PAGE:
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{ 3 comments… read them below or add one }

Mike Splane March 10, 2018 at 3:53 am

Two comments: I would suggest that 43 … Qe1+ might deserve a question mark, because it unguards the d5 pawn. I think Black can improve with the move order 43 … Nd6 44. Qc8 Ke6 45. Qg8+ Kf5 ( now this is playable because the d5 pawn doesn’t hang with check. ) 46. Qh7 Qe1+ 47. Kh2 Qf2 and Black is safe with his king in front of the pawns.. After 48. Qe7? Qf4+ 49. Kg1 Qc1+ White must allow the perpetual check because of 50. Kf2?? Ne4+ 51. Ke3 Qf2+ 52. Kd3 Qd2# Maybe you can check this with Rybka.

I really liked your analysis of the starting position of this post. I particularly think your observation about trading rooks being bad for Black is a key take-away. That was not clear to me during my initial appraisal of the position. Thanks!

Two other questions Black should have asked himself are “what is my worst-placed piece?” and “where do my pieces belong?” The knight is completely useless on b6 and needs to be posted on a protected square in the The rook on e8 would stop attacks on both the first and second ranks . Move the knight to e5 and protect the e7 pawn from frontal attacks. After that the Black position looks rock solid. There’s your answer. How does Black reach that position? although it is counter-intuitive and looks crazy, he should start by moving the knight to the rim (a4) and then swinging it back to the protected c5 square. From there it can reach e5 from either d7 or d3. I think Black has a nice solid fortress and I would expect a draw to be the natural result.

And one short comment. In the Mike Splane question, “How am I going to win this game?” The word ” I ” is the key. There are often many ways to win, you want to find the way that best suits your individual playing skills, your style, and your comfort level.

Thanks for another great post.

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Mike Splane March 10, 2018 at 3:58 am

Sorry, there’s a typo at the end of my note in the first paragraph. It should be 51. Kf3 Qf1+ 52. Ke3 Qf2+ 52. Kd3 Qd2#

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Larry Smith March 10, 2018 at 4:09 pm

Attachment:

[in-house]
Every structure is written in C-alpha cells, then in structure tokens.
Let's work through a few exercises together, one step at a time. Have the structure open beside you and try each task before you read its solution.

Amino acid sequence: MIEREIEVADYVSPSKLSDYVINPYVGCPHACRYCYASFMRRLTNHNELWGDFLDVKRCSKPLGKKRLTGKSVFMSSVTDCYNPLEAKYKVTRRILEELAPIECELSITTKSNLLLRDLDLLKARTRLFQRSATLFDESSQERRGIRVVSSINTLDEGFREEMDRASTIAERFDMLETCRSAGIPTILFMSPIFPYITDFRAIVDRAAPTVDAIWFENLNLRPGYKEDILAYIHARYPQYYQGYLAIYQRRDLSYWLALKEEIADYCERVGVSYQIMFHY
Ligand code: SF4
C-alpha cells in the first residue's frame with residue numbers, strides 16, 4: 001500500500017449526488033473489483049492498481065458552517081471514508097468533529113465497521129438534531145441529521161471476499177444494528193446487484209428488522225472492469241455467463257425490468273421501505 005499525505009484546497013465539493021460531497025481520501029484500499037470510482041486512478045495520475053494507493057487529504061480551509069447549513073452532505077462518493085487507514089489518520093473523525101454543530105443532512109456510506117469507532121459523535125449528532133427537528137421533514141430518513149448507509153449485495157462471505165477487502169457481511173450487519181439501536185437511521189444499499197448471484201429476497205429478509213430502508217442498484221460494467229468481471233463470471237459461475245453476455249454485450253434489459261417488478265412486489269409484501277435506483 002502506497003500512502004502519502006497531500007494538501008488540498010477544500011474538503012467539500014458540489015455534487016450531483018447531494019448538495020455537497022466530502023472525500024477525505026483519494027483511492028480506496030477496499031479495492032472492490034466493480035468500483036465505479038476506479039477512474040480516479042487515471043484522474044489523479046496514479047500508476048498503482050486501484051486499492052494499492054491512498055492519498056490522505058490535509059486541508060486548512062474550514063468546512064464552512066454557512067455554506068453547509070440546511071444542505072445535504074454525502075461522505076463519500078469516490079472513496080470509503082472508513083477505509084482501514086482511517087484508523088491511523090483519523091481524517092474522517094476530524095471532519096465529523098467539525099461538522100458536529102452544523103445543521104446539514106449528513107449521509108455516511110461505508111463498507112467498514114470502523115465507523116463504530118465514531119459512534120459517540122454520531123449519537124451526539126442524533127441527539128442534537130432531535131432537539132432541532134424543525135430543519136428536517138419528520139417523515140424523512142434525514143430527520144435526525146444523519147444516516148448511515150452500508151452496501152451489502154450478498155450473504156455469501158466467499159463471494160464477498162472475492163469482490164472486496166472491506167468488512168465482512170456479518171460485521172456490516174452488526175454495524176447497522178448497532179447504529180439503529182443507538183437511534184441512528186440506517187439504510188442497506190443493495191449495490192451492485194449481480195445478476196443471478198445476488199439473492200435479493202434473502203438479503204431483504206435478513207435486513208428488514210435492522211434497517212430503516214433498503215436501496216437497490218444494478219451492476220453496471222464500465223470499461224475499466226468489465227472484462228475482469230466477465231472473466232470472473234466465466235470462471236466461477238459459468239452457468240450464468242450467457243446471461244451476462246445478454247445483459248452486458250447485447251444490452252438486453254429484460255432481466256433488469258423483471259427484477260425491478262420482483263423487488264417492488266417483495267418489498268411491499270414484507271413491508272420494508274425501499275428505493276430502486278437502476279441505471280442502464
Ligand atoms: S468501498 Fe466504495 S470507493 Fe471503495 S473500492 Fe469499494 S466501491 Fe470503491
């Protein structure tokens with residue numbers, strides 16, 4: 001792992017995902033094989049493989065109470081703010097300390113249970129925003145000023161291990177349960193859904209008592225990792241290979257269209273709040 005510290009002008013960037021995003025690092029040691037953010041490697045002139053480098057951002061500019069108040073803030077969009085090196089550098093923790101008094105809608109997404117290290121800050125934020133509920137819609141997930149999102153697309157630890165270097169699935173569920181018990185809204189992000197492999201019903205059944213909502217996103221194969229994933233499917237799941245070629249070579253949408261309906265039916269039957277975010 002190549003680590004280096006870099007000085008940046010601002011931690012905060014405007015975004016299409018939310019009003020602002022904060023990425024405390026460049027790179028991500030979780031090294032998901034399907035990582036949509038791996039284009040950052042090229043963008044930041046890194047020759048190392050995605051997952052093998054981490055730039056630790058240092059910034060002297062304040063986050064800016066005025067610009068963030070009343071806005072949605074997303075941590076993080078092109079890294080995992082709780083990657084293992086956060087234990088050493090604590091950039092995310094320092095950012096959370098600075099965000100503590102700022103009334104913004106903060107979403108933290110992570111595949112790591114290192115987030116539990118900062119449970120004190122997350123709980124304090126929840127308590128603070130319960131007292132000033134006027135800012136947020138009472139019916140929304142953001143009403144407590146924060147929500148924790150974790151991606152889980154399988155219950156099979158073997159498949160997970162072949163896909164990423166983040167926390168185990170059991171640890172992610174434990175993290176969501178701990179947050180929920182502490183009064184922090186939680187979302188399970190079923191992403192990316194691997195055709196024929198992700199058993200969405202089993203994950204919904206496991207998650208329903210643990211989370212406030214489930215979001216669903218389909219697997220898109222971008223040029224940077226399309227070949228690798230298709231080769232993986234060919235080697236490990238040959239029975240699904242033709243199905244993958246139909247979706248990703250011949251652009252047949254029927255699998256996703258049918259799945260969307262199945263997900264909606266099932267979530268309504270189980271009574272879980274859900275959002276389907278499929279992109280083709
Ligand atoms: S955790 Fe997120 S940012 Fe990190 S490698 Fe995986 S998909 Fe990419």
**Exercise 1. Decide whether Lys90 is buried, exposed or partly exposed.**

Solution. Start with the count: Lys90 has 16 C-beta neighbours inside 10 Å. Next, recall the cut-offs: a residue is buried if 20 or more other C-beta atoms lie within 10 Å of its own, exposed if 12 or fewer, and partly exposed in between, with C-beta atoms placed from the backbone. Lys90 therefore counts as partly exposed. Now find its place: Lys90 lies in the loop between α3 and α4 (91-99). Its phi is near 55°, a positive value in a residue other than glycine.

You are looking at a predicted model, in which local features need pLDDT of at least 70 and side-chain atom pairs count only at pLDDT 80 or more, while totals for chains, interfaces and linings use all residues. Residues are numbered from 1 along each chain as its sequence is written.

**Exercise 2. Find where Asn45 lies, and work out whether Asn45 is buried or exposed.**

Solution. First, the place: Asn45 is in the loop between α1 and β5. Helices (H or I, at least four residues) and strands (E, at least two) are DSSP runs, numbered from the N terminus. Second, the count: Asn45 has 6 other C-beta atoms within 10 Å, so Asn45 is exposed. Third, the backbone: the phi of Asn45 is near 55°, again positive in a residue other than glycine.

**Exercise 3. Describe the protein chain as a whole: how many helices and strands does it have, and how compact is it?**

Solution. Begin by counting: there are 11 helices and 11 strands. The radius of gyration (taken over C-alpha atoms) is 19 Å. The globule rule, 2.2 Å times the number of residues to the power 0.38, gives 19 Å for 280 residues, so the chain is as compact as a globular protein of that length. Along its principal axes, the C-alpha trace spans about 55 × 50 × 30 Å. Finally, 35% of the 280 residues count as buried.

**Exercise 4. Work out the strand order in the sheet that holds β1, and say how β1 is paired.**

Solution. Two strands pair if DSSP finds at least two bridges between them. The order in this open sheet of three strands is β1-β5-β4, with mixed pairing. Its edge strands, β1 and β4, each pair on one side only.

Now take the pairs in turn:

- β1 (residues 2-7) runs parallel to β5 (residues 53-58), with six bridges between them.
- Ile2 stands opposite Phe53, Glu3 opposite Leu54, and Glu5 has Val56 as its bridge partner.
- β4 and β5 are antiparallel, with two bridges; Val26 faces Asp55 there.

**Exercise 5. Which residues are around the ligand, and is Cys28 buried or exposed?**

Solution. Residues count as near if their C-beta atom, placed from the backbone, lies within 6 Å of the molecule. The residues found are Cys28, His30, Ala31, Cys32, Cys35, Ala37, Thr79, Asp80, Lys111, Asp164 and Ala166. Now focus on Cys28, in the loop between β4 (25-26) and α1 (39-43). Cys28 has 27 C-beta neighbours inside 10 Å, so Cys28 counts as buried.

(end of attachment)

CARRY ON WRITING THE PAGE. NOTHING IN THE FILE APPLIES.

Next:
Thanks for this post! The three things that resonated with me were:

1) The importance of establishing your own opening repertoire. Your 5 e3 isn’t the mainline in the Benko (not as far as I know), but it a) has a point, b) is not very common, and thus c) may throw one’s opponent on their own resources. This all leads to your main point (and my second point) that:

2) Playing your pet line in an opening will make you feel happy, and therefore make you play happy. And I see this principle all the time in my own games: I think I’m doing well in my game, and I end up winning, but the engine tells me afterwards the game around move 18 was only equal or – heaven forbid – I was actually worse! Ignorance can indeed be bliss sometimes.

3) Finally, the last drop principle is always good to keep in mind. I just missed this concept in my most recent game. In a B v N ending that I thought was clearly won (and I was happy; see point #2 above), I played … Bc4-e2 winning a sitting duck doubled pawn on g4. But, I should have played … Bc4-f1! attacking his g2 pawn, inducing it to move one square forward. Then I would play … Bf1-e2 winning his doubled pawn on g4. The point? I could now engage his g3 pawn via my g and h-pawns more quickly via … h5 and … h4 and create an outside passed pawn a move or two faster than in the game. As it turned out, it didn’t matter, but missing the opportunity to extract the last drop from such positions is a sort of sloppy chess sin than must be avoided on principle.